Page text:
UK Prime Minister Theresa May is considering a move that could water down her threat to crash Britain out of the European Union without a deal, according to a person familiar with her thinking.
May is said to be weighing whether to accept a plan drafted by pro-EU politicians who want to make it harder to leave the bloc with no divorce agreement in place.
The proposal in question - an amendment to the Finance Bill - is intended to limit the Treasury’s tax raising powers if there’s a no-deal split.
May’s advisers will wait until they know if the proposal has been selected for a vote in Parliament on Tuesday before announcing if they will back it or oppose it. That the premier’s team is even thinking of accepting the proposed change to her key budget legislation is a sign of how weak her position is as she battles to steer Britain out of the EU.
Next week May will put her Brexit deal to a crucial vote in Parliament and it is facing defeat as Euroskeptics in her Conservative Party as well as the Democratic Unionist Party, which props up her minority administration, have said they will vote against it.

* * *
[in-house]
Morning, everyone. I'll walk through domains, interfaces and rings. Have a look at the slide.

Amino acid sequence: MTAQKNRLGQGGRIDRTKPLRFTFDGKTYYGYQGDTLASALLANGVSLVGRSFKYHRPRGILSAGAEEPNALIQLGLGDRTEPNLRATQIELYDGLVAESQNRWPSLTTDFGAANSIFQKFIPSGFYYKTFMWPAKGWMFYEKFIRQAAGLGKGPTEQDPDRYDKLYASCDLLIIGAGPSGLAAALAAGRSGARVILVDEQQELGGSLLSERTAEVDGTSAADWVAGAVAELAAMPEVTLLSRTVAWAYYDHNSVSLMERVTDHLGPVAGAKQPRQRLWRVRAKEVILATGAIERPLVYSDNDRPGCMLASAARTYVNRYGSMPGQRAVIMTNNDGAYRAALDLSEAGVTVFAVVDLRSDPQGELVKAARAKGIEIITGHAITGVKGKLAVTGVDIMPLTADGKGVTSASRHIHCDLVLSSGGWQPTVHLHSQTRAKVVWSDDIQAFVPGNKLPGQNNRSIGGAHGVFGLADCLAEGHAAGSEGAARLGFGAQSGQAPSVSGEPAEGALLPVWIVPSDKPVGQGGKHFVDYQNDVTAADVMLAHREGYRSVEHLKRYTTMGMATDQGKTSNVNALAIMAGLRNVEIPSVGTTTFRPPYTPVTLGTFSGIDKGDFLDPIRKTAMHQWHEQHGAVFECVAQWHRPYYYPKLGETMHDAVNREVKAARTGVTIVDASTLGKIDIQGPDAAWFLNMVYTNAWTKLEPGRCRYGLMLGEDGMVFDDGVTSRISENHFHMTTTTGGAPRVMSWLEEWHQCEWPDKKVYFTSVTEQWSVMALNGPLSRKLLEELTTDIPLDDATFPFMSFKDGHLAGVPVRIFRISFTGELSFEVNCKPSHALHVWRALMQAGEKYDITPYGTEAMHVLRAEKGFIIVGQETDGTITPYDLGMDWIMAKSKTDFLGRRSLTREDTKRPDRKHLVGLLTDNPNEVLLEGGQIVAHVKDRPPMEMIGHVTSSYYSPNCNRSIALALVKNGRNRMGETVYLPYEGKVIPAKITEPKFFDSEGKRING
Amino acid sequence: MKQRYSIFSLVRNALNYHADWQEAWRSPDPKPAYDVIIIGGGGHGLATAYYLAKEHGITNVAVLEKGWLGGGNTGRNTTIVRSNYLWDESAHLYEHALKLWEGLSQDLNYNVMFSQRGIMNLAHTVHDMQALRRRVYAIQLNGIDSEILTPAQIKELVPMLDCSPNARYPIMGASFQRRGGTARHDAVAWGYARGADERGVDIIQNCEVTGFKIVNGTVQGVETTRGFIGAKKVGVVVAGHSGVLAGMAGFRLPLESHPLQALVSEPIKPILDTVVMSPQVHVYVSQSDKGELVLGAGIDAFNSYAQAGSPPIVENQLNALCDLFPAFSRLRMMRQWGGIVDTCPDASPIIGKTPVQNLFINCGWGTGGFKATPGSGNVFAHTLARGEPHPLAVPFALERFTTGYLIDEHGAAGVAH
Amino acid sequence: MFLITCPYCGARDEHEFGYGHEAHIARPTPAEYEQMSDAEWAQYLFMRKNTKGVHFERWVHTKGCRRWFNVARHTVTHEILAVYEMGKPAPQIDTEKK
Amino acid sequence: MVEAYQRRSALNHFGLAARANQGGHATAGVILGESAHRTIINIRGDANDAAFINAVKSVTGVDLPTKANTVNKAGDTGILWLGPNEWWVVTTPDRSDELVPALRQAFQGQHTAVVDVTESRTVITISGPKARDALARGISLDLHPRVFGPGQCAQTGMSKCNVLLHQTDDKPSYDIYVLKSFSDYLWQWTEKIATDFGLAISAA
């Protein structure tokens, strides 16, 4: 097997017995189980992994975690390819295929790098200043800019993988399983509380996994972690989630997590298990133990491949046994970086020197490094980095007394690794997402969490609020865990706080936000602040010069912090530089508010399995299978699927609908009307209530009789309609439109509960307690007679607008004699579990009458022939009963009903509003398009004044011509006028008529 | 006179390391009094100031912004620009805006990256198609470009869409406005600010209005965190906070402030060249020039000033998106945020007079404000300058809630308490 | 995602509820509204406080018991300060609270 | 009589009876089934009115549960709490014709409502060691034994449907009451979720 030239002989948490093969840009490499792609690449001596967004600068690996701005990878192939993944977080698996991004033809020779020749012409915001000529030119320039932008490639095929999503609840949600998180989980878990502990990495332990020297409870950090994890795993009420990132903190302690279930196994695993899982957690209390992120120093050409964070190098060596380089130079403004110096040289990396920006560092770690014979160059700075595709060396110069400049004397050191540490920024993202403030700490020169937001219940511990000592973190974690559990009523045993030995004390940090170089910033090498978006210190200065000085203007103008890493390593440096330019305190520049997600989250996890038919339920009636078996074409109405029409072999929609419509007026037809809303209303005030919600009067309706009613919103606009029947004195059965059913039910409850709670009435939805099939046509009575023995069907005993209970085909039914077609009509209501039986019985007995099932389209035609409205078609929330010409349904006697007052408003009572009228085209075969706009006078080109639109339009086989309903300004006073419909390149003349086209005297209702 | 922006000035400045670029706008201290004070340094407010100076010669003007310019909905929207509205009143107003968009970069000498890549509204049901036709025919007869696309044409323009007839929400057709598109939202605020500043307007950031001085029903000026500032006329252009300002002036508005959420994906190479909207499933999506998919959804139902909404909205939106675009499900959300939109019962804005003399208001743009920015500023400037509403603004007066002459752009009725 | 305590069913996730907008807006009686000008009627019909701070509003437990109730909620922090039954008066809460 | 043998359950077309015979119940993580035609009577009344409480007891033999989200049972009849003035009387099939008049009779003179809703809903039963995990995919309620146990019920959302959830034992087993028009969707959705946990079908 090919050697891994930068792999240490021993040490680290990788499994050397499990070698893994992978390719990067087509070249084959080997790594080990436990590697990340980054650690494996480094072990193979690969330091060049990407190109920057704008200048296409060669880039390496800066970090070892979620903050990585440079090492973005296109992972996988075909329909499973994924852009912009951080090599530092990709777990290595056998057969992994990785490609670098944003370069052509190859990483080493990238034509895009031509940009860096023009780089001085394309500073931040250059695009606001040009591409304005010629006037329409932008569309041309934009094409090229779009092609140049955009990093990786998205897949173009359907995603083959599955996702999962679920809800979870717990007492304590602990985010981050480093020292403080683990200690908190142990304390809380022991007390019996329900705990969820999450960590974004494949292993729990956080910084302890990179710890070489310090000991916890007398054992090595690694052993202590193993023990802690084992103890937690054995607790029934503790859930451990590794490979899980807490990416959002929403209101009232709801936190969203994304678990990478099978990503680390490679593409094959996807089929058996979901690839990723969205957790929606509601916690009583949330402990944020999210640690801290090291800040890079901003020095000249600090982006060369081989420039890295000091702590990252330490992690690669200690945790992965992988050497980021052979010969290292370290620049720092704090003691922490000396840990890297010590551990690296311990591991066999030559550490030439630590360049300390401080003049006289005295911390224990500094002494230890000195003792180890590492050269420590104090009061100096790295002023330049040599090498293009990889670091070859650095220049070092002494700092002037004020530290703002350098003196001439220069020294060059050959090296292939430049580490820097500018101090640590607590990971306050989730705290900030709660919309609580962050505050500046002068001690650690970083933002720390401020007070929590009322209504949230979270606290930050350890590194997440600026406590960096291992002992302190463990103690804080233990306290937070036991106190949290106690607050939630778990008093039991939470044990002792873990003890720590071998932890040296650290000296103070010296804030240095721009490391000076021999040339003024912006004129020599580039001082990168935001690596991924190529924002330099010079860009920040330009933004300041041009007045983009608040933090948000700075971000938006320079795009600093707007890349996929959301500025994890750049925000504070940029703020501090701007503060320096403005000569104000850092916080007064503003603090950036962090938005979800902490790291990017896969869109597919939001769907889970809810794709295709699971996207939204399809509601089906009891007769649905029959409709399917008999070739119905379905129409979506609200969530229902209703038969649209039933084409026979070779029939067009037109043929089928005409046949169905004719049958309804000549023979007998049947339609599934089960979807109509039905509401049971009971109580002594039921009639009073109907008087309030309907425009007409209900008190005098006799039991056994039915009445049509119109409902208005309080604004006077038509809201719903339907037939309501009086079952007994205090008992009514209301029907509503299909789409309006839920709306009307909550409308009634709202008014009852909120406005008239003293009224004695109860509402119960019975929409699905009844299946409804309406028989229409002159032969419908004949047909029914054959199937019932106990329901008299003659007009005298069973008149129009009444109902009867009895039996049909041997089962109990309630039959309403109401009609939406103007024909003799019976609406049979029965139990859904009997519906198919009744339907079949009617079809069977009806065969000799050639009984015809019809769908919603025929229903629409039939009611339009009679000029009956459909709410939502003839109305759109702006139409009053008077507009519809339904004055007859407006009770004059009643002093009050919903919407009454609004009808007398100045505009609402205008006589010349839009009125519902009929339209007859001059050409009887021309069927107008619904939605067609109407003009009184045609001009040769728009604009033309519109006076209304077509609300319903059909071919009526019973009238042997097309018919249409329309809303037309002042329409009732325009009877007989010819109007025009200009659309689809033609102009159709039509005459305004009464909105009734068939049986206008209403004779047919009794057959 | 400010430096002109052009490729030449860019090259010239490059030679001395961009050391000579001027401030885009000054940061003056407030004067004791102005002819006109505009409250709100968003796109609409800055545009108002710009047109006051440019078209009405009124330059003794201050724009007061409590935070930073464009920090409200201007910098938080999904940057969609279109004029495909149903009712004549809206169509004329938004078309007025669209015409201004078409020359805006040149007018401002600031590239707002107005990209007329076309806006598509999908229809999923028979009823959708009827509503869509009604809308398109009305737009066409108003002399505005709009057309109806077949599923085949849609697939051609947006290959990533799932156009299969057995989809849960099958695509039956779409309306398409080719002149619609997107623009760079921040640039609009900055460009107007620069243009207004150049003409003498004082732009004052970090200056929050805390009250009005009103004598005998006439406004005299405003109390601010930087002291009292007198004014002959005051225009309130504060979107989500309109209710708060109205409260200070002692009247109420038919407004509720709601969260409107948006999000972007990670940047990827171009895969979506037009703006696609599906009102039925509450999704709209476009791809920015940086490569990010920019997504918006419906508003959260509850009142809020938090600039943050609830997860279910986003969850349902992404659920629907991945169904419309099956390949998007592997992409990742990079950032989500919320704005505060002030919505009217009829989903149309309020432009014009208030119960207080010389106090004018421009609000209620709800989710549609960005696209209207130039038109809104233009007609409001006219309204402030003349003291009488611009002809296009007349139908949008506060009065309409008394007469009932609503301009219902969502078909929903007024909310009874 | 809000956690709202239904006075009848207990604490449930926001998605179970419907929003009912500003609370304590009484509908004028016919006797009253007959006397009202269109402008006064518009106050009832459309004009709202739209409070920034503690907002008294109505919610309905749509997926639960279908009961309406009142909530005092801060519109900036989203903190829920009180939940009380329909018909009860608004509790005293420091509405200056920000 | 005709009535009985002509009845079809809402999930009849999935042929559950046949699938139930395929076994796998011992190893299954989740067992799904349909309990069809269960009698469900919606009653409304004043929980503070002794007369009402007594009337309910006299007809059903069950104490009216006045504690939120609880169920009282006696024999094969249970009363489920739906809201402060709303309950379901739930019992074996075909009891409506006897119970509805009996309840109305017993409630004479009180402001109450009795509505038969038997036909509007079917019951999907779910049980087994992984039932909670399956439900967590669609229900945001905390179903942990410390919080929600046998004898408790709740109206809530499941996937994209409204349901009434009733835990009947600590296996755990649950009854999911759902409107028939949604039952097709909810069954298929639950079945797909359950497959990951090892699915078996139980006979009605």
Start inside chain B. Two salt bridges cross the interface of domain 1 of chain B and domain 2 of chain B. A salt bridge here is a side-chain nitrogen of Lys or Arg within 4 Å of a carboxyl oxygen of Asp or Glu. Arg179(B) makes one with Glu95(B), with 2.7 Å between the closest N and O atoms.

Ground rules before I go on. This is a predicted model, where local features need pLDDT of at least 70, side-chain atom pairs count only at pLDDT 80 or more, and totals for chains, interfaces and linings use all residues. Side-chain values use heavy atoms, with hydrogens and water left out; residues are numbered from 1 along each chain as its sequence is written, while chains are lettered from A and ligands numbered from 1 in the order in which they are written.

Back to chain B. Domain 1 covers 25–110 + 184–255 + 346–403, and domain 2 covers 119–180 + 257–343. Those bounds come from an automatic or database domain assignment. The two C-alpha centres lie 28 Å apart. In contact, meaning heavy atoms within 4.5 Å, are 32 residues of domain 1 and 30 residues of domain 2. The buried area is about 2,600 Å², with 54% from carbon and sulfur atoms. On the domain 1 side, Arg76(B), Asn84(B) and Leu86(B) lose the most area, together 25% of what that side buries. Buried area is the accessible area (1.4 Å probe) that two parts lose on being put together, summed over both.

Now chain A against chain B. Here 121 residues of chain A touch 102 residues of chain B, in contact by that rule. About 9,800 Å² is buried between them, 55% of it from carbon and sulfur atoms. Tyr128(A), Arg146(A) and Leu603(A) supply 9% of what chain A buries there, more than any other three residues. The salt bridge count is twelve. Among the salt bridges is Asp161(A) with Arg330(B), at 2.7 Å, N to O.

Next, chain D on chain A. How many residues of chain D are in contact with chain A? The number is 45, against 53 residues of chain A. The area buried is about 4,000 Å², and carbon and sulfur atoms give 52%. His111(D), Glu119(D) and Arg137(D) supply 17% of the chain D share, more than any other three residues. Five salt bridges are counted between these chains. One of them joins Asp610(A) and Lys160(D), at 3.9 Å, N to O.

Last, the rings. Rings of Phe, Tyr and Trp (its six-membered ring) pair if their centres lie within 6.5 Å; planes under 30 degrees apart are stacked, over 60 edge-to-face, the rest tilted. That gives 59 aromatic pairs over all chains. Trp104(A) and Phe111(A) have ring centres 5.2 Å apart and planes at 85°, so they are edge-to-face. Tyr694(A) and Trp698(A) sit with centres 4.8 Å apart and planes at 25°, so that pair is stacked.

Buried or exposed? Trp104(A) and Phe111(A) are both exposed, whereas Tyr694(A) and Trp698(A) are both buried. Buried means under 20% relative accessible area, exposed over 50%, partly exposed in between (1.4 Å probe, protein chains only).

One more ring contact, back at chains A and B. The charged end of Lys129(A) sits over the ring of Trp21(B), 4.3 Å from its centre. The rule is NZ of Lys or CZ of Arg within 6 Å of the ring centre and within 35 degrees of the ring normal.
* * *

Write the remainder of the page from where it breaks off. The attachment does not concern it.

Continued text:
If Parliament rejects May’s deal in the vote next week, she says the country could be forced out of the EU with no agreement in place. On Sunday, May restated her position that no deal is better than a bad deal and has stepped up contingency planning in case negotiators fail to reach an accord in time for exit day on March 29.
Deal or no deal
Officials in the Treasury are said to be relaxed about the impact of Tuesday’s proposed amendment, which would mean government could only vary taxation rules through an executive order if Parliament backs an agreed deal, postpones the divorce by extending Article 50 or a majority of MPs vote for a no-deal split.
But the premier’s opponents will seize on the political significance of another climb down on her Brexit strategy.
The change was proposed by Labour lawmaker Yvette Cooper and is backed by Tories including Nicky Morgan, Nick Boles and Oliver Letwin. Boles said it would be the first of many.
“This amendment will not on its own prevent a ‘no deal’ Brexit, but it gives the House of Commons an opportunity to express its views about the possibility of leaving the EU without a deal,” Boles said. “We will be looking to bring forward similar amendments to other bills until the Government accepts the will of the majority of MPs and categorically rules out leaving the EU with no deal.”
The Treasury issued an official statement saying it is waiting on developments. “We consider all amendments on their own merit before responding to them in debate and we will do the same with these,” it said in a statement.